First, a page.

Refugees in Southeast Asia find home in Christian community

They left their world behind in search of a safer one. On their journey, they found the Creator of the world.

Fourteen thousand refugees in Southeast Asia are waiting to transition to Australia, Canada and the U.S. for resettlement. The majority of the refugees are Afghani and Somalian.

The timeline for their resettlement was once much shorter, but with a backlog of people seeking asylum and resettlement, compounded with COVID-19, the wait for the refugees’ new world became much longer. However, the extended wait creates time for evangelism, church growth and personal development.

Justin and Camille Franssen* have been involved in refugee ministry throughout all stages of the process. Before moving overseas to serve with the IMB, Justin and Camille worked at a refugee resettlement agency in the U.S. The Franssens first served in a country from which many refugees flee. Now, the Franssens minister in Southeast Asia to refugees waiting to be resettled.

When the Franssens moved to Southeast Asia, they had no intention of working with refugees, but they were approached by an international church and asked if they would be willing to join them in ministering to Afghani refugees. The Franssens now partner with the church, an American businessman and an Iranian believer named Dana* to minister to refugees.

The Franssens, Dana and their partners work primarily with Afghanis and Iranians, but they have Somalian, Sudanese and Ethiopian small groups as well.

Of the roughly 7,000 Afghani refugees in the area, the Franssens estimate that 500 have committed their lives to Christ in the past five years through the ministry of local and international churches, Christian ministries and outreach by IMB workers and national partners.

Initially, the Franssens hosted believers in their home for regular gatherings. Soon the group grew to more than 60 people. After the Franssens attended a training that emphasized church growth through small groups, they decided the group needed to split.

“[The training] taught us that accountability happens in small groups,” Camille says.

The group split into groups of eight to 12 people. The Franssens began training leaders to lead these small groups.

The Franssens and the Christians meet as a church on Sundays, but that is not the focal point of church growth.

“We emphasize, ‘This isn’t where your true spiritual growth is. This is not where you should be getting meat,’” Camille says. “We can come together and be part of a larger community, but your home group is where you have accountability where you have discipleship, where you have growth.”

The beauty and effectiveness of the Franssens and Dana’s evangelism ministry is that it is done in community, as opposed to more traditional models of one-on-one evangelism. Many Middle Eastern and African cultures are communal, so learning in a close-knit group is highly effective. Justin and Camille say there is also less persecution because family members, often the source of persecution, are likely to join groups.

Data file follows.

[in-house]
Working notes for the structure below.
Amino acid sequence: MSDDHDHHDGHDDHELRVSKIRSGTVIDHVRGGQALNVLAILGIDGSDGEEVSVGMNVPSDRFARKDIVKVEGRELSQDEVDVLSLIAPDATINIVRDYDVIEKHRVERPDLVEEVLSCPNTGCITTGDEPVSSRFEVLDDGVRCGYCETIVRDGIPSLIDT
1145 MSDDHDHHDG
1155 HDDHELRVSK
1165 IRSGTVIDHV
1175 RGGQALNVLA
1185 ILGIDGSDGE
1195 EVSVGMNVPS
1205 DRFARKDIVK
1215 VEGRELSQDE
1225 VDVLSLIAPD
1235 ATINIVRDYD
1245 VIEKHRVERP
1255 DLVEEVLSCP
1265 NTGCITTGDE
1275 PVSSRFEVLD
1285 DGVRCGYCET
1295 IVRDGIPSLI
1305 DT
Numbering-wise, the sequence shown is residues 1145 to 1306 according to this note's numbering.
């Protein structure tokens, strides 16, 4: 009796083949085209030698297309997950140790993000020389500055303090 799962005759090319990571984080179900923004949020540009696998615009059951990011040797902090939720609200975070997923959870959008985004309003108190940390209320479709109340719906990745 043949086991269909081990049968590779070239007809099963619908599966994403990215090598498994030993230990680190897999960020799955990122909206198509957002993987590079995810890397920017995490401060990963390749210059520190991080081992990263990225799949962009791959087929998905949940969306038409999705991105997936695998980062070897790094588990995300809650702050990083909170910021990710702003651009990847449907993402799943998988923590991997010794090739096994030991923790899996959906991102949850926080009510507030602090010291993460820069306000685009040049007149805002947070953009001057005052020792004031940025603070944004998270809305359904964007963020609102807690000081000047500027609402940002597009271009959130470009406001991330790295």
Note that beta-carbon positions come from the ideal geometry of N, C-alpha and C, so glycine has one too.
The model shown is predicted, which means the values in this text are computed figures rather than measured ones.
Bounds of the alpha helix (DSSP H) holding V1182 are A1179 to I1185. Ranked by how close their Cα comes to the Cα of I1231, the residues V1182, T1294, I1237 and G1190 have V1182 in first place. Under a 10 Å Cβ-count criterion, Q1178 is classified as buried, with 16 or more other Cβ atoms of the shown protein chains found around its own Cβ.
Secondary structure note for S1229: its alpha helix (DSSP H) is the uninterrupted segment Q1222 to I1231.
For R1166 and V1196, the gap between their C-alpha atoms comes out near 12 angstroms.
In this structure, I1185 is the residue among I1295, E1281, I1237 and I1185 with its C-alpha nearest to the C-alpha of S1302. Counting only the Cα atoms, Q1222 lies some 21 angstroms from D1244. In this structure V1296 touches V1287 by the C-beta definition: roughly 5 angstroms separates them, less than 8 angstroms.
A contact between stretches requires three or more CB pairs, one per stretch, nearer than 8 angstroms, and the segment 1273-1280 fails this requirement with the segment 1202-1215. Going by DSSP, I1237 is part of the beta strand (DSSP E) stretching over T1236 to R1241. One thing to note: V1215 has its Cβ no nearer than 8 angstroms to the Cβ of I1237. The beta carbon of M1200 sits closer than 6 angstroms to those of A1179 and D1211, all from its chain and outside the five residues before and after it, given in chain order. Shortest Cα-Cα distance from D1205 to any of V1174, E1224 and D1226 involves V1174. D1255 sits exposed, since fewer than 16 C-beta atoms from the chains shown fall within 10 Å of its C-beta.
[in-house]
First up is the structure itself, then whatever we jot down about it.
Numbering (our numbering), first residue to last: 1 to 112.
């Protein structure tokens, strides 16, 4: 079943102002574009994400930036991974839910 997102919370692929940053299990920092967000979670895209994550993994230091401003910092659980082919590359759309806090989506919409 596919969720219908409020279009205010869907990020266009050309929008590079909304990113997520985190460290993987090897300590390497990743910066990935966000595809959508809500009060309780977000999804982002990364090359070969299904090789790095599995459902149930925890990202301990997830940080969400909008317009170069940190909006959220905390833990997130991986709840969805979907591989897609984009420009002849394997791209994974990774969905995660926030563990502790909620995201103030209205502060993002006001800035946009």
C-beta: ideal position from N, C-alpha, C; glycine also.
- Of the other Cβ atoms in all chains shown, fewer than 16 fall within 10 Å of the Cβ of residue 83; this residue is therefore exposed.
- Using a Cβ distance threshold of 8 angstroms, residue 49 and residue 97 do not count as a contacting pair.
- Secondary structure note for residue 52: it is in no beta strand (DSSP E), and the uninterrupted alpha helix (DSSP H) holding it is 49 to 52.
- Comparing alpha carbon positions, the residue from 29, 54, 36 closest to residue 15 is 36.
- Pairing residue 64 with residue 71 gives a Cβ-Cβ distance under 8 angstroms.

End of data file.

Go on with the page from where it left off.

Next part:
“What we found is that when people come to Christ individually, they don’t group because they’re afraid to group with other people,” Justin says. “If they’re listening to all the same stuff together, they immediately get into groups.”

If there are several people interested in learning more about the gospel, the Franssens and Dana will form small groups to study material covering the Trinity, the inerrancy of Scripture and Bible stories from creation to Christ. Meeting in small groups allows discussion and interaction.

“We say, ‘Okay, go back and talk to your family and your friends,’” Justin says. “When they talk to their family about it, they’re saying, ‘Hey, I met with these crazy Christians. They told me this crazy story, I don’t believe it, but what do you think?’ And then we get to go back and do apologetics. It reaches immediately a wider range than just the people hearing the story.”

When the Franssens first began their ministry, refugees were, on average, in their city for two years. Now, the wait time is seven to eight years.

“One of the hardest things for these refugees is they don’t have a lot of choices. They have no control over their lives, which is hard for us to understand, but I think even a lot of Americans may have more of an inkling of that idea since COVID hit because we had this illusion of being able to plan stuff and most of it has gone out of the window,” Camille says.

 Many Americans may feel they are in a holding pattern because of COVID-19.

“That’s how a lot of these refugees feel. They’re just in this holding pattern, waiting for a call for the [United Nations] saying they get to go to a new country, and that holding pattern might last six months. It might last eight years. It might last a lifetime,” Camille says.

“In the midst of that holding pattern, [pray] that they will be developing the fruit of the spirit in their lives … Pray they won’t just be sitting there waiting, but they will use that waiting time wisely.”

Camille says this extra time resulted in mature and well-trained leaders who will, in whatever country they are placed in, start small groups.

Justin and Camille’s ministry is now multi-generational and they’ve passed the mantle to local leaders. Those they’ve trained are training others and have taken leadership and ownership, which is the goal of IMB church-planting strategies.

The Franssen’s involvement in evangelism, discipleship and development efforts helped the international church’s ministry to refugees grow and another church has adopted their approach to ministry.

“They’ve been able to reach people we have not been able to reach before,” Justin says.

Refugee communities in Southeast Asia are growing together in their faith, and though their earthly home is on hold, they’ve found a home in the Christ-centered small groups they’ve formed.

*Names changed for security